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What is Multiomics?

Research Article Multiomics analyses of well-studied diseases can reveal molecular pathways, identify biomarkers, and improve predictive models.

About the authors


Henri Deda and
Nuala Del Piccolo
Henri Deda
Communications Officer

Henri Deda holds a degree in Molecular Bioengineering. He is spirited to discover what scientists are interested in and to provide concise answers.


Nuala Del Piccolo
Science Writer

Dr. Nuala Del Piccolo did her PhD in materials sciences at Johns Hopkins. She is passionate about communicating science to a wide audience.

Resources


An integrative multi-omics approach reveals…

Clark et al. | Alz Res Therapy (2021)


LDLR-mediated lipidome–transcriptome…

Chang et al. | ERC (2020)


Multi-omics insights into functional alterations…

Backman et al. | MolMet (2019)


Genetic architecture of human plasma…

Tabassum et al. | Nat Commun (2019)


An automated shotgun lipidomics platform…

Surma et al. | EJLT (2015)


Mouse lipidomics reveals inherent flexibility…

Surma et al. | SciRep (2021)


Systematic screening for novel lipids by…

Papan et al. | Anal. Chem. (2014)


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Summary

• Omics datasets characterize a specific feature of a sample
• Multiomics integrates the analysis of multiple omics datasets
• Multiomics analyses that include the lipidome can identify links in physiological and pathological processes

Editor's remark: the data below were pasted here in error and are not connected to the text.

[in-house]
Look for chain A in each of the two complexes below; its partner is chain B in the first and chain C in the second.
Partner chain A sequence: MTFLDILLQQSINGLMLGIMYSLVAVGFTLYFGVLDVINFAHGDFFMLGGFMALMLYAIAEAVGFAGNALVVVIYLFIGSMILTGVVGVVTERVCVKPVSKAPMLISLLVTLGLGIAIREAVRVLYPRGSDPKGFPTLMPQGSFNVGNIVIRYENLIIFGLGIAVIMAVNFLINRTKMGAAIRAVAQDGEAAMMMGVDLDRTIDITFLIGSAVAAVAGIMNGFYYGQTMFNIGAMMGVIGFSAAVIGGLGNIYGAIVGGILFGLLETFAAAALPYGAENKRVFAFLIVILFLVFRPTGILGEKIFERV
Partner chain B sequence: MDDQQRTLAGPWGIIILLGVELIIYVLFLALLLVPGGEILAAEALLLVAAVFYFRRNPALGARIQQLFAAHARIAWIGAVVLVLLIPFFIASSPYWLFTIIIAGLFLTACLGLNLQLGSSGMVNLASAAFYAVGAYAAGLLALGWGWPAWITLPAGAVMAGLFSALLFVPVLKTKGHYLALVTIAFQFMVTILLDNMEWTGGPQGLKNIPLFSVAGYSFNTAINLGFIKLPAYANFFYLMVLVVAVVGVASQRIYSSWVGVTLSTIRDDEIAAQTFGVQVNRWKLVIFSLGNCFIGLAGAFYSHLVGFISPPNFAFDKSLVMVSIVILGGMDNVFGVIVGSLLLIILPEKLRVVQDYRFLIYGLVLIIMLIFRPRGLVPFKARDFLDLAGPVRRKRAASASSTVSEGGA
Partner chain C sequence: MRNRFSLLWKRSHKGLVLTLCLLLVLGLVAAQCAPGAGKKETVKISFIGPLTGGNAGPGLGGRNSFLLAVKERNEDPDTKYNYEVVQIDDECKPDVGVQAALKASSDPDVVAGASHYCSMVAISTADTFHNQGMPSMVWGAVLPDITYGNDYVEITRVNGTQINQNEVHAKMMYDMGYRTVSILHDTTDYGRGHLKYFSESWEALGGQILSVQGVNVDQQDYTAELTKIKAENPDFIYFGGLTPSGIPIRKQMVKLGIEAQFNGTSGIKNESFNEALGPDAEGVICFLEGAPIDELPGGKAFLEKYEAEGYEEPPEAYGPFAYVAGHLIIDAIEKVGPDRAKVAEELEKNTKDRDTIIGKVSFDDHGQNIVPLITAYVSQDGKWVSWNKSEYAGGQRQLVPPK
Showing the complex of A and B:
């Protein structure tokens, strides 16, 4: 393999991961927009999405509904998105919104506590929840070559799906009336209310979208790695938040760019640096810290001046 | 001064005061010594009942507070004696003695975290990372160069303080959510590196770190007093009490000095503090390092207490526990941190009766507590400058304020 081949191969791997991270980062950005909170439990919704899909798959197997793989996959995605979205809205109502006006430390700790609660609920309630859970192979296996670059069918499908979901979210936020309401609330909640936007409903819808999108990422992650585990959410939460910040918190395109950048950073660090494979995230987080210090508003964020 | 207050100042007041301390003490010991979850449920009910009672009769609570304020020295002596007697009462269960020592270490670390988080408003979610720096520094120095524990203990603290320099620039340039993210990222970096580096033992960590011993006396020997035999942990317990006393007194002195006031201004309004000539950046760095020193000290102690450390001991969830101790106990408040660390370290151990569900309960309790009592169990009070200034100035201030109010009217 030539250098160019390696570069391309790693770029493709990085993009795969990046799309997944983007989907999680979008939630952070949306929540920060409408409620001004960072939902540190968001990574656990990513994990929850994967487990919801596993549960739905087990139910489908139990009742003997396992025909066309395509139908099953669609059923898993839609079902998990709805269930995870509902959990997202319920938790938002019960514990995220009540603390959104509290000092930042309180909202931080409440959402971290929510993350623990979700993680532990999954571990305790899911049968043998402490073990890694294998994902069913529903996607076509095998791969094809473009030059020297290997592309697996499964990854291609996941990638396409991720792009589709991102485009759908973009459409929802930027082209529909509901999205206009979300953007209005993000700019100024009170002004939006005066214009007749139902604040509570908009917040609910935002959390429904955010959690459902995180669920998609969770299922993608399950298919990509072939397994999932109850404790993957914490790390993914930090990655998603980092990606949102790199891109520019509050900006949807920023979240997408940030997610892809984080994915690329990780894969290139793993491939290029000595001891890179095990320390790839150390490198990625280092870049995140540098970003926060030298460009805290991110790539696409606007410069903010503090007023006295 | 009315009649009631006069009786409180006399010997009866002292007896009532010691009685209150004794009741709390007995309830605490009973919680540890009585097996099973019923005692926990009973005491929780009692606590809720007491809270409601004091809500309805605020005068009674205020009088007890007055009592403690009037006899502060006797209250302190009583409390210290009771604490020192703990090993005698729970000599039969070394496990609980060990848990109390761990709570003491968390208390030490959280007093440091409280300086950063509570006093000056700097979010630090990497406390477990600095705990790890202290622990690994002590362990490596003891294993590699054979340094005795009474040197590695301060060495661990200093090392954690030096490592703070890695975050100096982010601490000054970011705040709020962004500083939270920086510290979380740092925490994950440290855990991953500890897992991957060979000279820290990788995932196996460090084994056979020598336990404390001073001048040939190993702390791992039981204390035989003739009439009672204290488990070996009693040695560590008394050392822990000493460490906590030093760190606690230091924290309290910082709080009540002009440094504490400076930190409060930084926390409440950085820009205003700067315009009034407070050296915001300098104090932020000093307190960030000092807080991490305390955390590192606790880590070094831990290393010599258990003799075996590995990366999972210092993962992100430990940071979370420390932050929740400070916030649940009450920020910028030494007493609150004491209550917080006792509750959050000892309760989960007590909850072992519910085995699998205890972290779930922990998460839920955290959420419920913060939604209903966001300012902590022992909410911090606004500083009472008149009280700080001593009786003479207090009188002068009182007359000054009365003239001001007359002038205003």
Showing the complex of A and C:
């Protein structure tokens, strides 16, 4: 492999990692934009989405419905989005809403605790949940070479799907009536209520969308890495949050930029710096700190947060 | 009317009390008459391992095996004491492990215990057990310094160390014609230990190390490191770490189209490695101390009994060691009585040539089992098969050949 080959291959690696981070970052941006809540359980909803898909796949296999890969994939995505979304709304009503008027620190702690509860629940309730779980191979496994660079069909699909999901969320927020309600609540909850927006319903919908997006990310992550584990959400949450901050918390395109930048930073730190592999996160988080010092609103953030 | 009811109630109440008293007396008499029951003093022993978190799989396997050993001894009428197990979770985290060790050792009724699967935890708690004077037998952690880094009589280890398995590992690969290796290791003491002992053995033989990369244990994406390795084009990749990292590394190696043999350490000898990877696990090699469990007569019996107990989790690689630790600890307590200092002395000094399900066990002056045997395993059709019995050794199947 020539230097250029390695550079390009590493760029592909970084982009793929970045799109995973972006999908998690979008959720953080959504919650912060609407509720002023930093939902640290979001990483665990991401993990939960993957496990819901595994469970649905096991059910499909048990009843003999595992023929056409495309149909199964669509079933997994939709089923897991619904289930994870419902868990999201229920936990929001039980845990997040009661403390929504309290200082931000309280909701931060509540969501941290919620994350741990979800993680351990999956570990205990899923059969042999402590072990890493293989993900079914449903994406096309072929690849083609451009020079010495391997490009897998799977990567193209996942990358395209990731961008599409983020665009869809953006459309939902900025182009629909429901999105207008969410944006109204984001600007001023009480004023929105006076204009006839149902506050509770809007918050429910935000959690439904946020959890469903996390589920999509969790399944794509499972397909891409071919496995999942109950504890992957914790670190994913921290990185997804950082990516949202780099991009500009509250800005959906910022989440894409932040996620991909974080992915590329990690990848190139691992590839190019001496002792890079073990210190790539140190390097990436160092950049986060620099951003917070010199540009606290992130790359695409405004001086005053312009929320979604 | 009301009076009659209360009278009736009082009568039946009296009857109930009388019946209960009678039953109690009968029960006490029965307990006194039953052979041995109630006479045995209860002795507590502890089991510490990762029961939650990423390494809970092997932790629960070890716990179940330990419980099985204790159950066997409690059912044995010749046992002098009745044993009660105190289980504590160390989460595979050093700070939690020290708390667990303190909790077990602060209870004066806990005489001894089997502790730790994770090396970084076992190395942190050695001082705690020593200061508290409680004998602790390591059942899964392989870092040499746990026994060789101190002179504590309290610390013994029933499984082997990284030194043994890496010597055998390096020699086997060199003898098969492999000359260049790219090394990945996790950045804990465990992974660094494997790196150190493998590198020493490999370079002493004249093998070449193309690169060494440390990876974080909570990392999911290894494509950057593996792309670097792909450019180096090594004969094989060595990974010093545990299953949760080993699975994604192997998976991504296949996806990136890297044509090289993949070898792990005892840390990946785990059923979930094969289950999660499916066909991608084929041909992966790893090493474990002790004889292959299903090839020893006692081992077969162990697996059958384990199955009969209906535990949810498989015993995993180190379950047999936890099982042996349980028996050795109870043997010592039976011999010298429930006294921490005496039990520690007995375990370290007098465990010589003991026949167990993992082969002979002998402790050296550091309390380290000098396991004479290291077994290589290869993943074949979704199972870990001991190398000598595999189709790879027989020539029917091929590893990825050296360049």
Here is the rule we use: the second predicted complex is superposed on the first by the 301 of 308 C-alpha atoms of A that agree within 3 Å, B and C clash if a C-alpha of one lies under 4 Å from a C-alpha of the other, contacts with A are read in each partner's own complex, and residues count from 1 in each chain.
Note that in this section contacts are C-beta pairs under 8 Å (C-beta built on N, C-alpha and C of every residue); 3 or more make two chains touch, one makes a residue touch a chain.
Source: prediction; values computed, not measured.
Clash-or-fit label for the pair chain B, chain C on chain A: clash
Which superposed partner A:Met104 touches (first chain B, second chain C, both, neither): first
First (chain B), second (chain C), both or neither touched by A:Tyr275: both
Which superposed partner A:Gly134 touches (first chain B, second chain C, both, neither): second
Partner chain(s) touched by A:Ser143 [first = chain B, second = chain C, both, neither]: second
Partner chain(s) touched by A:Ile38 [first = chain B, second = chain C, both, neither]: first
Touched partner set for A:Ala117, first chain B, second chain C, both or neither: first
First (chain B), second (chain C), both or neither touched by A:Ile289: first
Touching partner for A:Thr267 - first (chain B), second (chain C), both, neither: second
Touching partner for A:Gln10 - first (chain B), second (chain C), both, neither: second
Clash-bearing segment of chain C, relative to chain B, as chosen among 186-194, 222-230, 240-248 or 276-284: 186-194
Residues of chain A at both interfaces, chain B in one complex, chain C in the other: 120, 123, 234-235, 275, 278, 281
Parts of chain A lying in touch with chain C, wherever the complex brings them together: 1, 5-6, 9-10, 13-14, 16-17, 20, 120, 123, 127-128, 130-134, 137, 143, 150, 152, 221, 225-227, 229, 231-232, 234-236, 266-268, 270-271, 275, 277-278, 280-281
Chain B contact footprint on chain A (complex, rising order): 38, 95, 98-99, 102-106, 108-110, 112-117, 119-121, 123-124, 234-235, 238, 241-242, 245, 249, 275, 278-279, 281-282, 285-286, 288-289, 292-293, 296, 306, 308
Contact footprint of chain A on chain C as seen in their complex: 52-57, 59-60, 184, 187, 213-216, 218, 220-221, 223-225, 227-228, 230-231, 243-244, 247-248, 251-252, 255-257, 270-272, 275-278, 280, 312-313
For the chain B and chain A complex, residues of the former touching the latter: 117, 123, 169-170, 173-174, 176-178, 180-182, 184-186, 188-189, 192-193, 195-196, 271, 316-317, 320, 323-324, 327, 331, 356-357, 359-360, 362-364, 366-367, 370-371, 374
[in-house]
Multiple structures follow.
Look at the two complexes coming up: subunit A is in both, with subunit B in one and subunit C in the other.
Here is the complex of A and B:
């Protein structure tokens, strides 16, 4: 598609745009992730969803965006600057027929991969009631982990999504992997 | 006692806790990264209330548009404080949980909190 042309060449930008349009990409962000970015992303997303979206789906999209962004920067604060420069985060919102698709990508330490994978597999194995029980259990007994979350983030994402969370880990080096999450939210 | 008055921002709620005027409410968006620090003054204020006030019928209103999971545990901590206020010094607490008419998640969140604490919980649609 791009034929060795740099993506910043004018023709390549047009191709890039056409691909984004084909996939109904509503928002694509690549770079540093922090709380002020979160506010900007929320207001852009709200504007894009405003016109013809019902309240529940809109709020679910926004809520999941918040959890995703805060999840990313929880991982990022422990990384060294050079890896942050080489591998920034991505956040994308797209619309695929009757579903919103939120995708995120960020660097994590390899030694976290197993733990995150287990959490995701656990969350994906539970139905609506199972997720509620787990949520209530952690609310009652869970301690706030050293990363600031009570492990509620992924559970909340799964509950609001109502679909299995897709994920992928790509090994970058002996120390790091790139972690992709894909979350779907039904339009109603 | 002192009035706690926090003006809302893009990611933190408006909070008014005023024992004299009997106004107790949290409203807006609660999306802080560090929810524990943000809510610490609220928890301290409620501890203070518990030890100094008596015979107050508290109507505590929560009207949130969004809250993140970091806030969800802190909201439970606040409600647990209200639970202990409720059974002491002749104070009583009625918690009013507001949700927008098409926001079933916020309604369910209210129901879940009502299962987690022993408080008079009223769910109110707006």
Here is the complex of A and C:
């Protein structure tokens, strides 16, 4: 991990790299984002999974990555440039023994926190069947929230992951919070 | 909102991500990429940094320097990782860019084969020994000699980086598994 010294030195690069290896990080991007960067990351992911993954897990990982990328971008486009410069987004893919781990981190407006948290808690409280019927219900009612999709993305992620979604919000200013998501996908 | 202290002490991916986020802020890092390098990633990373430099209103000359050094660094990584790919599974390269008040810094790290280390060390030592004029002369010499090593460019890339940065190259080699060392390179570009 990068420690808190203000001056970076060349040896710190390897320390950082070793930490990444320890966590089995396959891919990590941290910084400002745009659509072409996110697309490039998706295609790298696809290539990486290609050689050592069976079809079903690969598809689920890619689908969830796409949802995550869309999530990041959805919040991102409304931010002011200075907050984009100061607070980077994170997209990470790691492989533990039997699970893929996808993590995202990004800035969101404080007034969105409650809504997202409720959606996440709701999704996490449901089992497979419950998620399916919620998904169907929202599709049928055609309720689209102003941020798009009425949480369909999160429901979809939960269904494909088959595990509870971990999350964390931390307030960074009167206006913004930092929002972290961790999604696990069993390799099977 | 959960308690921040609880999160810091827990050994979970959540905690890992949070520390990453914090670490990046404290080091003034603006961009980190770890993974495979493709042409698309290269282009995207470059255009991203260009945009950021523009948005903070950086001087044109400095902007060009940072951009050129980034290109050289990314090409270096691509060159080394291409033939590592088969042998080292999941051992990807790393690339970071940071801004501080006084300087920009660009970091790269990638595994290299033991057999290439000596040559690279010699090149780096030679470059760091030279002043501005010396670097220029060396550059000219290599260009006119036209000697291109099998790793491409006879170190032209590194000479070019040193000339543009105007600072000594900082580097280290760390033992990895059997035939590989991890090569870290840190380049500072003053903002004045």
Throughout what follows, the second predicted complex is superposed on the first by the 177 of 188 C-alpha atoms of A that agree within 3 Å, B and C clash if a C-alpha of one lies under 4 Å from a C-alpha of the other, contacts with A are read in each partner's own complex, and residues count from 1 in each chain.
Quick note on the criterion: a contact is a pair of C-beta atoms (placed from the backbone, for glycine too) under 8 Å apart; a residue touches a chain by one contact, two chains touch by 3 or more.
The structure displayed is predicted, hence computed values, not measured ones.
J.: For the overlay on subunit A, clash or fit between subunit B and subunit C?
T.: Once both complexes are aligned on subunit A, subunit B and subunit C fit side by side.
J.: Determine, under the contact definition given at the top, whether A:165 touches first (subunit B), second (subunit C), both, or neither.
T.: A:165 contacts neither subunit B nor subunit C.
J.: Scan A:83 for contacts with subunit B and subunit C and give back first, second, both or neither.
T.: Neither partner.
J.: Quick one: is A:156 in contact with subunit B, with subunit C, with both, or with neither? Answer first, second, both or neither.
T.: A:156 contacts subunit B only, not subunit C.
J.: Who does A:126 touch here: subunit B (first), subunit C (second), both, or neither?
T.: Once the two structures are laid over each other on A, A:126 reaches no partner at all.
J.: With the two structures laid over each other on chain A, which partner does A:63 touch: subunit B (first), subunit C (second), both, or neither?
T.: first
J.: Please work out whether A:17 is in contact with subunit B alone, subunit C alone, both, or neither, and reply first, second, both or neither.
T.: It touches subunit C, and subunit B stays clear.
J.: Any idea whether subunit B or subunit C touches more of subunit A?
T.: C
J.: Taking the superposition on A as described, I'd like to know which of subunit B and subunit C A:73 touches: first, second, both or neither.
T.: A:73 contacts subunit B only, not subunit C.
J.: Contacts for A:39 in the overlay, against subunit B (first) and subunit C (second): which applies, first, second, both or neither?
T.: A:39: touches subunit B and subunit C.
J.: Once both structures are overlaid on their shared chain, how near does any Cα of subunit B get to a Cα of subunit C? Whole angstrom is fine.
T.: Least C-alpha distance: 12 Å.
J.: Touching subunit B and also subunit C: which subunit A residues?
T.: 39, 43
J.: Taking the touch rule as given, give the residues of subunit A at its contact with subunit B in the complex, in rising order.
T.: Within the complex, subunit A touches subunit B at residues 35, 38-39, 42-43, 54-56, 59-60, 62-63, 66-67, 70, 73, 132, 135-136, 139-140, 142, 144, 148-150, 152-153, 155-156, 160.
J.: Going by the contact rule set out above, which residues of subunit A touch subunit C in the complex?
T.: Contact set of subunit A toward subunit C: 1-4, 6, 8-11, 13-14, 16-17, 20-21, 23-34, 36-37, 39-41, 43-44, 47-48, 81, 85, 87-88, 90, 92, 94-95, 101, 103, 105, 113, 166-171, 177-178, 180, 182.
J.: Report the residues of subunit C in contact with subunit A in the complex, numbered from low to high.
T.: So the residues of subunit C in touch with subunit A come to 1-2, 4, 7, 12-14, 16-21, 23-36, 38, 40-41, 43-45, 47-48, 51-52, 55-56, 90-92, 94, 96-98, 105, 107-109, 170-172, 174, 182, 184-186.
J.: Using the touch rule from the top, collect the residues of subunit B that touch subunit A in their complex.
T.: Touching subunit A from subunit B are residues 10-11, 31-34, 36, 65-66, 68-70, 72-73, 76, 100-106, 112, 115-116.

Authors
Henri Deda and
Nuala Del Piccolo

IN recent years, the production and analysis of so-called omics datasets has rapidly gained popularity in biomedical research. Omics datasets are libraries characterizing a specific biological feature – such as the genes, lipids, proteins, metabolites, or microbes – of an organelle, cell, tissue, or organism.

The number of annual publications which mention genomic, transcriptomic, proteomic, metabolomic, glycomic, lipidomic, or microbiomic continuously increased from about 2,300 publications in 1990 to about 52,000 publications in 2021.

Number of omics publications since 1990: The number of annual publications which mention genomic, transcriptomic, proteomic, metabolomic, glycomic, lipidomic, or microbiomic continuously increased from about 2,300 publications in 1990 to about 52,000 publications in 2021.
PubMed.gov

The lipidome, the identity and concentration of all lipid species in a biological sample, can be characterized via mass spectrometry, in a process known as lipidomics. Recent studies indicate that lipidome data can provide insight on many biological phenomena, including molecular mechanisms underlying disease, biophysical properties of cellular membranes, and population health.

Individual analysis of an omics dataset can identify links between the characterized feature and a specific biological phenomena. For example, lipidomic characterization of human skin samples revealed that the organ’s composition, and perhaps function, vary with location on the body, sex, and age.